Congress's weeklong recess comes as both sides have laid out their bargaining positions. The parties agree that the across-the-board approach to cutting spending is ill-advised and would like to replace the cuts with a more targeted, gradual deficit-reduction plan. But they differ fundamentally on the question of whether tax increases should be part of the alternative.
"Replacing the president's sequester will require a plan to cut spending that will put us on the path to a budget that is balanced in 10 years," said House Speaker John Boehner (R., Ohio). "To keep these first responders on the job, what other spending is the president willing to cut?"
In an editorial published in Wednesday's Wall Street Journal, Mr. Boehner said the sequester "is a product of the president's own failed leadership."
Mr. Boehner went on to say, "both parties today have a responsibility to find a bipartisan solution to the sequester. Turning it off and erasing its deficit reduction isn't an option."
Tuesday signaled that the next week or more of debate will be aimed at scoring political points if the cuts take effect, even temporarily, as now seems likely.
It is hard to predict what will happen immediately after the March 1 deadline is breached, but administration officials have said that many federal employees are likely to be furloughed one day a week, which could impinge on certain federal operations including meat inspection and law enforcement.
The mechanism for the sequester was established as part of the 2011 deal to raise the federal debt limit. The automatic cuts were seen as so draconian that Congress would enact a more targeted deficit-reduction deal to make comparable savings. But no such deal has been reached.
Republicans have repeatedly said Mr. Obama suggested the sequester as part of a 2011 deal to raise the federal borrowing limit. White House spokesman Jay Carney on Tuesday confirmed that the idea originated in the White House.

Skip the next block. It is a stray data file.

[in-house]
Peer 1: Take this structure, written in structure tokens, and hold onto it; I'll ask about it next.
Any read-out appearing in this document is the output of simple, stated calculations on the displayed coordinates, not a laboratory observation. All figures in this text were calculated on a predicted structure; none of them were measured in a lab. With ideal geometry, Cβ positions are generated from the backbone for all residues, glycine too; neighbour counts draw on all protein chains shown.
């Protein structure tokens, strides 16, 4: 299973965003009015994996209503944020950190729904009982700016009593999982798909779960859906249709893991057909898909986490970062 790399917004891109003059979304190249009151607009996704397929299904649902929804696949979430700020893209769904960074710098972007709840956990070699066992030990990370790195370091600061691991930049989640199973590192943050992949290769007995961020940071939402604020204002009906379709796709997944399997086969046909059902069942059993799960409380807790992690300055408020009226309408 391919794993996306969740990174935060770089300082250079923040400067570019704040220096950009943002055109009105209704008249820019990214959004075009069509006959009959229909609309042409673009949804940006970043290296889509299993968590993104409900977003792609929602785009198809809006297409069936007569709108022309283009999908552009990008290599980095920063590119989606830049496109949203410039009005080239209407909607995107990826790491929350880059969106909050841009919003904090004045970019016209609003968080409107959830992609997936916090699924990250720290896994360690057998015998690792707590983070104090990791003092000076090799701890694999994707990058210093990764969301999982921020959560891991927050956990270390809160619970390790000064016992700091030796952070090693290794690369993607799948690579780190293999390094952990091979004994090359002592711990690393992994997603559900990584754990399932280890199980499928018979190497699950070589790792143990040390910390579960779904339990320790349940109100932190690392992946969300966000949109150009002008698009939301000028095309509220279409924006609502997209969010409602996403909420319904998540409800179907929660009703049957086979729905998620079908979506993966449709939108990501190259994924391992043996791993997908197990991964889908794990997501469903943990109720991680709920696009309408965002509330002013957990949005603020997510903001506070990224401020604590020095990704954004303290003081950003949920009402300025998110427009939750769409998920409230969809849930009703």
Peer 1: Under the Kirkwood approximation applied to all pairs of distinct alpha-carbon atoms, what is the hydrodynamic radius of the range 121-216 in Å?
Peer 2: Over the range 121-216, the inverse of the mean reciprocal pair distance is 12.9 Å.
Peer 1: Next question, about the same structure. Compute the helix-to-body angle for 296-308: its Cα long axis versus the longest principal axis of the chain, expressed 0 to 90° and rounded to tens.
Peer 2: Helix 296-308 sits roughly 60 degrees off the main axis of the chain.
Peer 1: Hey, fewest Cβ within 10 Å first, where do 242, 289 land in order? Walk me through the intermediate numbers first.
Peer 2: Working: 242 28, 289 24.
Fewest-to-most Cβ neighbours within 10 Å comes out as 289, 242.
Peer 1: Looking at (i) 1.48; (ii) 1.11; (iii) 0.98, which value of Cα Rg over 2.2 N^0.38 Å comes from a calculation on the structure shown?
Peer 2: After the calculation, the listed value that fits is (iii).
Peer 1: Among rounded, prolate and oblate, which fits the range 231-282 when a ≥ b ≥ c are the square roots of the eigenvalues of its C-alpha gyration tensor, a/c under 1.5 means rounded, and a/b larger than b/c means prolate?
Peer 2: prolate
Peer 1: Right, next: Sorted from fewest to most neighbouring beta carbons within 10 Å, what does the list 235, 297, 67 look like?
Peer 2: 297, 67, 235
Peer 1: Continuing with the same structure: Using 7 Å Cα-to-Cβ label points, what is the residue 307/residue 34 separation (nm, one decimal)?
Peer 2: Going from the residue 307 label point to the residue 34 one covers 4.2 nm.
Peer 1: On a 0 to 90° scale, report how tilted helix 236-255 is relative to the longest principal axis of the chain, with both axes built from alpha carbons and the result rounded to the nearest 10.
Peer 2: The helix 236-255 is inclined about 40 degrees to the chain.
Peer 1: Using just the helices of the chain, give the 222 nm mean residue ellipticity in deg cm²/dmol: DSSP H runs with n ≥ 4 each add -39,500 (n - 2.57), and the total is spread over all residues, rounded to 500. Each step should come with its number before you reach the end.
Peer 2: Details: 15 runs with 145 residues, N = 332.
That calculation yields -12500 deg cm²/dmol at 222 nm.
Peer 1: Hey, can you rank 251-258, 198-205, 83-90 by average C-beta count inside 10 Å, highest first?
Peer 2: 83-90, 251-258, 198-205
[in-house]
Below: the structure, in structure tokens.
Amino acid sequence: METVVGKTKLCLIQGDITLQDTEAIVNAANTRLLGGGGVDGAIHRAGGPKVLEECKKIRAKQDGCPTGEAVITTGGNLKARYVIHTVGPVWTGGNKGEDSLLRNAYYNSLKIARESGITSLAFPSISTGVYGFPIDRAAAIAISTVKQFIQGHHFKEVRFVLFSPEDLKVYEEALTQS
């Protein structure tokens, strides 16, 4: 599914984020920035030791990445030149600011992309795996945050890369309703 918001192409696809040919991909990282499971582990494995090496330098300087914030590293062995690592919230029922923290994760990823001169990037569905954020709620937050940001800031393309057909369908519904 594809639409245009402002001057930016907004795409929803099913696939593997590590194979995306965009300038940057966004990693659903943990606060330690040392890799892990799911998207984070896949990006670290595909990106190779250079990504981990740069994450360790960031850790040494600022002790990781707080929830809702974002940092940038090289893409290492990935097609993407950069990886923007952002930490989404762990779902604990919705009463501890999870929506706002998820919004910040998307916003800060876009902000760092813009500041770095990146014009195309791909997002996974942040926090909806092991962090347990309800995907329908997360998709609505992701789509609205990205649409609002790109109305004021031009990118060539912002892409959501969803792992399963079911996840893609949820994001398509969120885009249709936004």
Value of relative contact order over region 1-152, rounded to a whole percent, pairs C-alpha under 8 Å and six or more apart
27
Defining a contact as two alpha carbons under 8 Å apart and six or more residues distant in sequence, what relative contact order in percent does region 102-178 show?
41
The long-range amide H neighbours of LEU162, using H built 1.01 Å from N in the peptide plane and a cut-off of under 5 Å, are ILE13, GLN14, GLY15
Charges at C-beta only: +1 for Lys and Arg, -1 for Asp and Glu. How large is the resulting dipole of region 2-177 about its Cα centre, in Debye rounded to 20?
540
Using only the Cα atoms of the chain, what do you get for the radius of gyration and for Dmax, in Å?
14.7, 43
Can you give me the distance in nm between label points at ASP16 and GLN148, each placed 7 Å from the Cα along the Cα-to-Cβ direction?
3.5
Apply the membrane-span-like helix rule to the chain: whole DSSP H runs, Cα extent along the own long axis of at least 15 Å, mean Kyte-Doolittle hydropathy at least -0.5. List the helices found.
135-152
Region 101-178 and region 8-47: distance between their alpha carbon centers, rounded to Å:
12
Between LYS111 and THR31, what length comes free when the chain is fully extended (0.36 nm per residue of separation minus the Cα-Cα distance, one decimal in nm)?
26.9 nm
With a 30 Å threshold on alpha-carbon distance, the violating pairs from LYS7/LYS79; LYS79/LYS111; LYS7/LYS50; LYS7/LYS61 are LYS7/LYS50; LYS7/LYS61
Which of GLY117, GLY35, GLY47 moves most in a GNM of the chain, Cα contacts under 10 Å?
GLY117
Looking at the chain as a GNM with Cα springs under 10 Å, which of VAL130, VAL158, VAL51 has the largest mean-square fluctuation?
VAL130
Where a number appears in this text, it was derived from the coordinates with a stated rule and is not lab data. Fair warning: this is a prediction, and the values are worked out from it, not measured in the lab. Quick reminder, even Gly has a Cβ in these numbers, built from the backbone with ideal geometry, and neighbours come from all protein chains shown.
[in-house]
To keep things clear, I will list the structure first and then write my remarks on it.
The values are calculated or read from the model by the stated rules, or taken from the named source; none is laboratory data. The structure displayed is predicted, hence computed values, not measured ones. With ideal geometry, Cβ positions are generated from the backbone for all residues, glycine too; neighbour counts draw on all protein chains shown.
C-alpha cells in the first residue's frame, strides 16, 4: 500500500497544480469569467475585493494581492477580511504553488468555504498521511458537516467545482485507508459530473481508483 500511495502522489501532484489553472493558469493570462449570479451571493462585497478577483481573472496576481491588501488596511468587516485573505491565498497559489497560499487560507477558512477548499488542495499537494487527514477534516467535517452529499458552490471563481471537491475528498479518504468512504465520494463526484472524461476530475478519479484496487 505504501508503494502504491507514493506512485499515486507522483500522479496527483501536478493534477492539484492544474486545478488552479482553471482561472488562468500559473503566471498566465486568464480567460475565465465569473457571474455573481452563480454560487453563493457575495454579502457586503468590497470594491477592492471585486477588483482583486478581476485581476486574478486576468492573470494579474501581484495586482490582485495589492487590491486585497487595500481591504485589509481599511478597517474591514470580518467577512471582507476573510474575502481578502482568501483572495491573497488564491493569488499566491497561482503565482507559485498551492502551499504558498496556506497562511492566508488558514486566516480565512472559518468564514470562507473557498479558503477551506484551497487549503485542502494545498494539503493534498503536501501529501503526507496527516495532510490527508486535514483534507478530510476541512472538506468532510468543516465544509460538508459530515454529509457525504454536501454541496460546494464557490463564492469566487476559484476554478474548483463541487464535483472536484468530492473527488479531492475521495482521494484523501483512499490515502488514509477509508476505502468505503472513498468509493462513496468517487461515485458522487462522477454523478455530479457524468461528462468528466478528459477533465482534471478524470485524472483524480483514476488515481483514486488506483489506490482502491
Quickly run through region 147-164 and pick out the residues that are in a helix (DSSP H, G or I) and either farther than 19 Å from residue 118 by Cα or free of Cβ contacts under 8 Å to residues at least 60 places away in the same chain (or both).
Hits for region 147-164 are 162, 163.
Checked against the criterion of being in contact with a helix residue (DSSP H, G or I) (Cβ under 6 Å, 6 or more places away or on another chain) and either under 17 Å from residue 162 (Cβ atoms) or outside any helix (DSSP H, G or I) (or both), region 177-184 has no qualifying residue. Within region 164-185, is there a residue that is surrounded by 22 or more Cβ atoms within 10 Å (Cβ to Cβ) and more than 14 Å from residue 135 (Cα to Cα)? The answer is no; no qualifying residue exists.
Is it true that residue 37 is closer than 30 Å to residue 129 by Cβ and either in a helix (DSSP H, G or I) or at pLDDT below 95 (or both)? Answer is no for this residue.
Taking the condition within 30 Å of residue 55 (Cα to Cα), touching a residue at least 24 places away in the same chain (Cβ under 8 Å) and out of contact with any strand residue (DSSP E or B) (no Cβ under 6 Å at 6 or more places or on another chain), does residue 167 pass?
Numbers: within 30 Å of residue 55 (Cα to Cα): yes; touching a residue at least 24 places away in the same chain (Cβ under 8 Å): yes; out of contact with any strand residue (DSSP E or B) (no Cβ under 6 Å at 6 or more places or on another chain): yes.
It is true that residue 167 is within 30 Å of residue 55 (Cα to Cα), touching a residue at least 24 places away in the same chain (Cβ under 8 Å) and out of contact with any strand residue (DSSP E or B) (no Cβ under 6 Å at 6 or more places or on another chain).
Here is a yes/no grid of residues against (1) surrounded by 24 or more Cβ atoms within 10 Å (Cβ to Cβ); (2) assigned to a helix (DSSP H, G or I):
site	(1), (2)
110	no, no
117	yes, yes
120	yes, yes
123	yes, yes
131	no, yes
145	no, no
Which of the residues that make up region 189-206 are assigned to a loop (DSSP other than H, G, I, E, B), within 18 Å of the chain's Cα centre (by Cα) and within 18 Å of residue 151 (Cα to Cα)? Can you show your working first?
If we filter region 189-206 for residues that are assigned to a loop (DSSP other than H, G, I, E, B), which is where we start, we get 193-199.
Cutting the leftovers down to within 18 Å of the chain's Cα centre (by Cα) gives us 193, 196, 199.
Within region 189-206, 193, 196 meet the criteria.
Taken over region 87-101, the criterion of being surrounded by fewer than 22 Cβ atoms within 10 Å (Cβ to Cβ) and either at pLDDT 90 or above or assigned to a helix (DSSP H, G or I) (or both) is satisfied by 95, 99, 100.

But it was devised by the White House because Republicans insisted on deep spending cuts as a condition of raising the debt ceiling, and both Republicans and Democrats voted for the bill that included the sequester.
The across-the-board cuts were supposed to be an option so dreadful it would force the two parties to compromise on an alternative deficit-reduction deal. Now, while members of both parties agree the sequester is a bad way to reduce spending, they still can't agree on a substitute.
On Capitol Hill, a senior Democratic aide said lawmakers have been given analyses of the effect of the spending cuts, including a state-by-state breakdown of the impact on education, such as on grants for elementary and secondary schools serving low-income students.
"Hopefully by the time Republicans get back to D.C. they will be a little less concerned about what the tea party thinks and will be ready to do the right thing for their constituents, the economy and our national security," said Senate Budget Committee Chairwoman Patty Murray (D., Wash.).
Republicans didn't question Mr. Obama's assertion that the spending cuts would have a dire effect. They said the plan to avert them should include only spending cuts, not tax increases.Damian Paletta contributed to this article.
More From The Wall Street Journal